Hell Let Loose Review
As I stood in a landing craft headed for Normandy beach while waiting for a match to start in Hell Let Loose, I was pretty sure what to expect when the craft’s doors opened. In my time, I’ve played more than my fair share of online multiplayer shooters set in warzones with beaches, from Day of Defeat to Arma 3, so when the time came to hit the beaches, I was positive that I’d be dead within 30 seconds. German MG42 nests were sure to gun down my team’s first assault wave, but then we’d all respawn and over the course of an hour or so, would slowly struggle from the beach into a nearby town to secure victory.
But when the server finished loading and as my M1 Garand-shooting finger sat at the ready, that didn’t happen. The doors of the landing craft dropped as expected, but there wasn’t any gunfire waiting for me or my squad. A few shots from German rifles landed near the gigantic and beautifully rendered crater that I’d instinctively dove into, and the odd grenade exploded somewhere between our lines and German’s, but that was it, because in most matches of Hell Let Loose, rarely does hell actually get let loose.
If the previous two paragraphs didn’t make it clear, Hell Let Loose is the latest in a long line of quasi-realistic online multiplayer first person shooters. After being in Early Access for a couple of years, the game that was poised to be the successor to Battlefield 5, Red Orchestra 2, Arma 3 and Squad has launched, and the result is something that’s going to need a new, better successor sooner rather than later.
To be clear, Hell Let Loose has the fundamentals of its genre down pat. First and foremost, it’s an absolutely beautiful game, technically speaking. Detailed models combine with colourful maps and dramatic-looking explosions to make the game look like a movie. The audio design, too, is best-in-class, with weapons and vehicles alike all having the perfect amount of audio-visual punch to make each one instil just the right amount of fear whether you’re on the giving or receiving end of their barrels.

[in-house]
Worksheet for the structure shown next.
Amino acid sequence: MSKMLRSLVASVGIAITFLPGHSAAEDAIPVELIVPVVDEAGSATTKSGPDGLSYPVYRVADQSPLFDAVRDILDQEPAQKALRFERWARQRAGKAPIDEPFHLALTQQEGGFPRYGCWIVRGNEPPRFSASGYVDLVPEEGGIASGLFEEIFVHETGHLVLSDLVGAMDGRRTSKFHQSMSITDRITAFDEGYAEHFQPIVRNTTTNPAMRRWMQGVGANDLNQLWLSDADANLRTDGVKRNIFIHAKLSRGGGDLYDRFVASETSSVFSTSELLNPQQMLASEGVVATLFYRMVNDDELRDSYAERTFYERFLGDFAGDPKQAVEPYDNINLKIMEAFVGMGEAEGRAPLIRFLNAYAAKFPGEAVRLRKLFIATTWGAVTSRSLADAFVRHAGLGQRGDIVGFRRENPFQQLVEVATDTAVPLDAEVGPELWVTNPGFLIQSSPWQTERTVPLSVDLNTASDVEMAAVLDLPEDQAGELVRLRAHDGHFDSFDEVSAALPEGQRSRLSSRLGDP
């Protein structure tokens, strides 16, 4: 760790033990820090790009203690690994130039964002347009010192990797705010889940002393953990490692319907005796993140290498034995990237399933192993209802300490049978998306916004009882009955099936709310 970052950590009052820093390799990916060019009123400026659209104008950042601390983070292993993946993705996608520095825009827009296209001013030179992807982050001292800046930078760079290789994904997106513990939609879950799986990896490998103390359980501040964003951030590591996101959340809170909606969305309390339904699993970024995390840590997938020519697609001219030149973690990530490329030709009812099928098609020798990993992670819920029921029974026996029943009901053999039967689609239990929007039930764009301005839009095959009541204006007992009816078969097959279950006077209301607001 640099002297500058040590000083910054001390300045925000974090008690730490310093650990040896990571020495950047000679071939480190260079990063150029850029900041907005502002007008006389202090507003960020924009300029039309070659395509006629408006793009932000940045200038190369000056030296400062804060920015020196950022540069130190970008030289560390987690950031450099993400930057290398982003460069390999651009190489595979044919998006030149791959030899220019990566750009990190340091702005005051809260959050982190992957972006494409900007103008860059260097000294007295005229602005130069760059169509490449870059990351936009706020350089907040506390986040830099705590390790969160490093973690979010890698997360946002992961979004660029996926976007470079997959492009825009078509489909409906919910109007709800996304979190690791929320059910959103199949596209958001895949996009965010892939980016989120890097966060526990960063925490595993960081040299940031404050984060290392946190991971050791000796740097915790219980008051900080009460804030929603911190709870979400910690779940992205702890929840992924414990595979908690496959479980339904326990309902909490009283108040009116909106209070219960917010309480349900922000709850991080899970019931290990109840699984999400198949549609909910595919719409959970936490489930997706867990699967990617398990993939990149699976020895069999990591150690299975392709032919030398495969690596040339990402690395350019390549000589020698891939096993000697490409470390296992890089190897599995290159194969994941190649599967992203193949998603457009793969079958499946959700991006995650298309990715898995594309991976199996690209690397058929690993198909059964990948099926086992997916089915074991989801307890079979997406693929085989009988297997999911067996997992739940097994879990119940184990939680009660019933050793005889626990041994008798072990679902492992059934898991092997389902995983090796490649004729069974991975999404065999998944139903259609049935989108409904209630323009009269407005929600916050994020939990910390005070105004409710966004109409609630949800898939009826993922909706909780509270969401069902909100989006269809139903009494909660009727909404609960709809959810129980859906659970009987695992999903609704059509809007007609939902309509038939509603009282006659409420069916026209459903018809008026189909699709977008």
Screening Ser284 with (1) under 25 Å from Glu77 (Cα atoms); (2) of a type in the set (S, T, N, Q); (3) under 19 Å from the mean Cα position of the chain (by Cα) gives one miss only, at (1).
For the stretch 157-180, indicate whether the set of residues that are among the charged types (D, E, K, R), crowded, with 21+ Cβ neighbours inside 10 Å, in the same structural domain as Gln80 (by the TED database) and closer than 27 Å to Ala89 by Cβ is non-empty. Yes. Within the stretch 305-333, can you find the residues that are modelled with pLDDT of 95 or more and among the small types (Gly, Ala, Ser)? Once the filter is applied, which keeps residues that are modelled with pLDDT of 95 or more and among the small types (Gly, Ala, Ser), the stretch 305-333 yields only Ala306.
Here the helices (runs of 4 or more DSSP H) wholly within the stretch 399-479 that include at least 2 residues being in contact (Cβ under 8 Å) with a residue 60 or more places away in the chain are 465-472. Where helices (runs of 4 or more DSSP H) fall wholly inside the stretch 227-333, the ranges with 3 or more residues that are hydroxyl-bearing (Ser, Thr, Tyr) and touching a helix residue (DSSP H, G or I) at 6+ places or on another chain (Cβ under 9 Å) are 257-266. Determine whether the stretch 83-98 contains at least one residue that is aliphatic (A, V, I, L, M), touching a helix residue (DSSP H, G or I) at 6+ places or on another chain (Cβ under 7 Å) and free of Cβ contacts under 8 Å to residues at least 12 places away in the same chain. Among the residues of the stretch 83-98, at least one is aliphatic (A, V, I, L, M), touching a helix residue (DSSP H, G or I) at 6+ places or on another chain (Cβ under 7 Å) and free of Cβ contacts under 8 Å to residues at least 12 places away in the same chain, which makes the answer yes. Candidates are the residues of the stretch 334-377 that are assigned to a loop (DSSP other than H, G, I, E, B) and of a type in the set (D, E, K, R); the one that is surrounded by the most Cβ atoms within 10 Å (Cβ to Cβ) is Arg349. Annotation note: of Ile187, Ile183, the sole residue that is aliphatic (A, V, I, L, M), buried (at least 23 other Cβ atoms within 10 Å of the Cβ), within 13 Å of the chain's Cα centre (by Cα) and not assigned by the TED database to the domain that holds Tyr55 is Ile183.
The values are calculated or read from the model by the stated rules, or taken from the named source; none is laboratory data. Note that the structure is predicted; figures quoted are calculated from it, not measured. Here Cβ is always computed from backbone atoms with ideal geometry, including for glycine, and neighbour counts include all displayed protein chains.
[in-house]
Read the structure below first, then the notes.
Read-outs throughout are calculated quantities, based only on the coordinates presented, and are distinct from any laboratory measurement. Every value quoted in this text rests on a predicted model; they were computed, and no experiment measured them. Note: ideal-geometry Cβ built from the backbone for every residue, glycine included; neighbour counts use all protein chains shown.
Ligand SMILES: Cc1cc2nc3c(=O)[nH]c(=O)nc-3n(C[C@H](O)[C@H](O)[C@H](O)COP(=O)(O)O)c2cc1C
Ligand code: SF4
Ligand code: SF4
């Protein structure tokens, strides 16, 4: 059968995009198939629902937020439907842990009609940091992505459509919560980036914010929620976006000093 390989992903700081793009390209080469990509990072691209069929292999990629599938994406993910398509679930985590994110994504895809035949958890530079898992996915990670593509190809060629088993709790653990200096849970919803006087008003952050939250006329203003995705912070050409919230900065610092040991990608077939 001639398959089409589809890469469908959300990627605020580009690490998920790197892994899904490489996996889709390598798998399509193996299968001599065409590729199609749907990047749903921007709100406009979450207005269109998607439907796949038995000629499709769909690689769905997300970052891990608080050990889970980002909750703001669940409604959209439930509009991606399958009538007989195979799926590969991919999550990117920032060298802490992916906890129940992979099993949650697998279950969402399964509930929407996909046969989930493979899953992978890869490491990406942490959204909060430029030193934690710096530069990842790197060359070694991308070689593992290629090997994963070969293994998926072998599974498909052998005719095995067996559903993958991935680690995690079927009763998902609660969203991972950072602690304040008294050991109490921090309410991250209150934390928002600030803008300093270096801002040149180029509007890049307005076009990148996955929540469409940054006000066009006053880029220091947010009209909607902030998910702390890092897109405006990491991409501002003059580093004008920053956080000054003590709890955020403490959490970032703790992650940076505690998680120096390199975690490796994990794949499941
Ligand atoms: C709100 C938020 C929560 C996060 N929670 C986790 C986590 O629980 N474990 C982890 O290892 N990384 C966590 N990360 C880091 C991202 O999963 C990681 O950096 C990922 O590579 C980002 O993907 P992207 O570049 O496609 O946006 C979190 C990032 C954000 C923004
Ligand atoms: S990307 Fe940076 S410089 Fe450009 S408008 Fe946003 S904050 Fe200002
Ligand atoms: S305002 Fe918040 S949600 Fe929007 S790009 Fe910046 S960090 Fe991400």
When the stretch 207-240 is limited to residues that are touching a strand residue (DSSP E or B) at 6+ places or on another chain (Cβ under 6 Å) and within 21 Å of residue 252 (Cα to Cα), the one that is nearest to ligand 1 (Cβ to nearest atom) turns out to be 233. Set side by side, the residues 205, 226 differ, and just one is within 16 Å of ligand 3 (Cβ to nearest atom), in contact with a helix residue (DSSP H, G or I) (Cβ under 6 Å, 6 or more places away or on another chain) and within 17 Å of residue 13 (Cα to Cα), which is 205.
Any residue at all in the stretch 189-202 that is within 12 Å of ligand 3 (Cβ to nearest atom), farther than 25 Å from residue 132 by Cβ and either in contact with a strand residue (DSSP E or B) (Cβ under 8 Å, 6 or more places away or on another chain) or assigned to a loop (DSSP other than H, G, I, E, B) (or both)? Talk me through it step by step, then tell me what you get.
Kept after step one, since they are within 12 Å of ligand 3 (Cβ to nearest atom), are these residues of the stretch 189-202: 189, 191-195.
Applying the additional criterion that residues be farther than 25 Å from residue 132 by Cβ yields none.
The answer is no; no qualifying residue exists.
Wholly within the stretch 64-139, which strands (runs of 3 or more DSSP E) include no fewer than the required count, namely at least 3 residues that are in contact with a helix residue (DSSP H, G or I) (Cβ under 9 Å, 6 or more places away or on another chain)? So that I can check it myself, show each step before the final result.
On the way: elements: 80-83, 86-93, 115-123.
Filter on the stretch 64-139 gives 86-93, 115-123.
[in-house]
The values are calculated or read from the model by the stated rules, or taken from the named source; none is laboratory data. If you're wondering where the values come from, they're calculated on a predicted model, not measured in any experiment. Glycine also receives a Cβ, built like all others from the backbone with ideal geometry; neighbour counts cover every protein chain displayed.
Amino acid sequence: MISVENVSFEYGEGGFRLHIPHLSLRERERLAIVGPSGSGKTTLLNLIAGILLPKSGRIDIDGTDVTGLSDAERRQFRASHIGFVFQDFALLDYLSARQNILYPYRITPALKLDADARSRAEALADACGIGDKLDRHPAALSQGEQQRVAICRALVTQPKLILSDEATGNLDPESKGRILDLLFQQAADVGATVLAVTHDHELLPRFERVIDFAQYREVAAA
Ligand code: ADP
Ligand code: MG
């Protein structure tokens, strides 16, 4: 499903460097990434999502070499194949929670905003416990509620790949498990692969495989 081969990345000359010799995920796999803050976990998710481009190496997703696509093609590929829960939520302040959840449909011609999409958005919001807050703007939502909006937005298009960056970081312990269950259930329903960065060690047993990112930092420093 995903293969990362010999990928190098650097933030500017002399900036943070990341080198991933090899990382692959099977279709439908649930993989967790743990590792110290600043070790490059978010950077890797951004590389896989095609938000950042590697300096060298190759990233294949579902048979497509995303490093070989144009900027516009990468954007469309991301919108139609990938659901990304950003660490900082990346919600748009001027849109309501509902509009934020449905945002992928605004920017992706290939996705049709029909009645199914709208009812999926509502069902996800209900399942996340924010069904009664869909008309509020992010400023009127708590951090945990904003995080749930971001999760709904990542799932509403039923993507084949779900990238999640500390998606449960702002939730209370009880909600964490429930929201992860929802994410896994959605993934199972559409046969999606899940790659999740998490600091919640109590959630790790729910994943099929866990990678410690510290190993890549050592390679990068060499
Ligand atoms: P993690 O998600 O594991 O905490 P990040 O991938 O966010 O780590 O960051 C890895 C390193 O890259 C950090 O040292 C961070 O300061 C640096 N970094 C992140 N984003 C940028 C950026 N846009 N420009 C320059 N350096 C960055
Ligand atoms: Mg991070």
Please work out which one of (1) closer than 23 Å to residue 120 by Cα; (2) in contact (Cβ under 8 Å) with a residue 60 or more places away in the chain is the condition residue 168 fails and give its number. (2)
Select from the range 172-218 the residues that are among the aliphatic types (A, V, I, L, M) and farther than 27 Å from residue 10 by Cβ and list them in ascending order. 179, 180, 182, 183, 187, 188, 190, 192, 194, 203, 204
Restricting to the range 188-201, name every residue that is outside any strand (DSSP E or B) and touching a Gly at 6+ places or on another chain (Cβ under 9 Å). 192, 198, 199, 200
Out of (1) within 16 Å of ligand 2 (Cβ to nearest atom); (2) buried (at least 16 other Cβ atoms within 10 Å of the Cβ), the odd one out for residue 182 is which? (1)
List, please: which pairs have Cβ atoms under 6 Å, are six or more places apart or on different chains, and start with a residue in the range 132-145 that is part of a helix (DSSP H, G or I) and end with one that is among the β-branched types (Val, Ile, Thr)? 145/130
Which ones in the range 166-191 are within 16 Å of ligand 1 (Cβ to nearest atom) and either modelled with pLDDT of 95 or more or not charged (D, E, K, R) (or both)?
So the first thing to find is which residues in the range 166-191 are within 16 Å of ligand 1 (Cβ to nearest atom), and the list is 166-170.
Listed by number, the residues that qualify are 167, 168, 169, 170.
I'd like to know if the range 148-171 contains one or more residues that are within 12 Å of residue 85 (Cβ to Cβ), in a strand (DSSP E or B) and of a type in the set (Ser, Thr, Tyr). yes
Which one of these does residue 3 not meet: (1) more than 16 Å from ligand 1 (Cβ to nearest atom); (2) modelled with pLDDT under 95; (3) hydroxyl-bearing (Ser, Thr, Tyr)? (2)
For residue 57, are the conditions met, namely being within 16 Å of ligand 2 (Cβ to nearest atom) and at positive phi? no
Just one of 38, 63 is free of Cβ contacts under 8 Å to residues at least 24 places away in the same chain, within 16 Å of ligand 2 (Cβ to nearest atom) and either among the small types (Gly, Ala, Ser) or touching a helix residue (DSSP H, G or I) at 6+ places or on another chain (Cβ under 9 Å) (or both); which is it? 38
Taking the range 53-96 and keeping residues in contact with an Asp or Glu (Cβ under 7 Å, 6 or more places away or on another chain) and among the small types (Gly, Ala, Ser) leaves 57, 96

The game’s weapons, too, feel amazing to use. There’s a wide variety of period-appropriate pieces to equip yourself with across the game’s Soviet, American and German factions, and each one’s animations are borderline orgasmic to watch and look at. While shooting them, they all have an appropriate amount of recoil and damage to ensure that deaths while engaging in house-to-house fighting always feels fair, fun and realistic.
Hell Let Loose also nails the communication aspect of its inspirees. Like in Squad, if you want to survive the game’s virtual depiction of World War 2, you should communicate with your team. There’s local, squad and team chat to help you do so, and in most servers, people are willing to give orders as long as you’re willing to receive them. The community is almost always open to relaxing, too, so playing Hell Let Loose after a few drinks on a Friday night is a great way to make some temporary comrades or pick up a few swear words in a European language.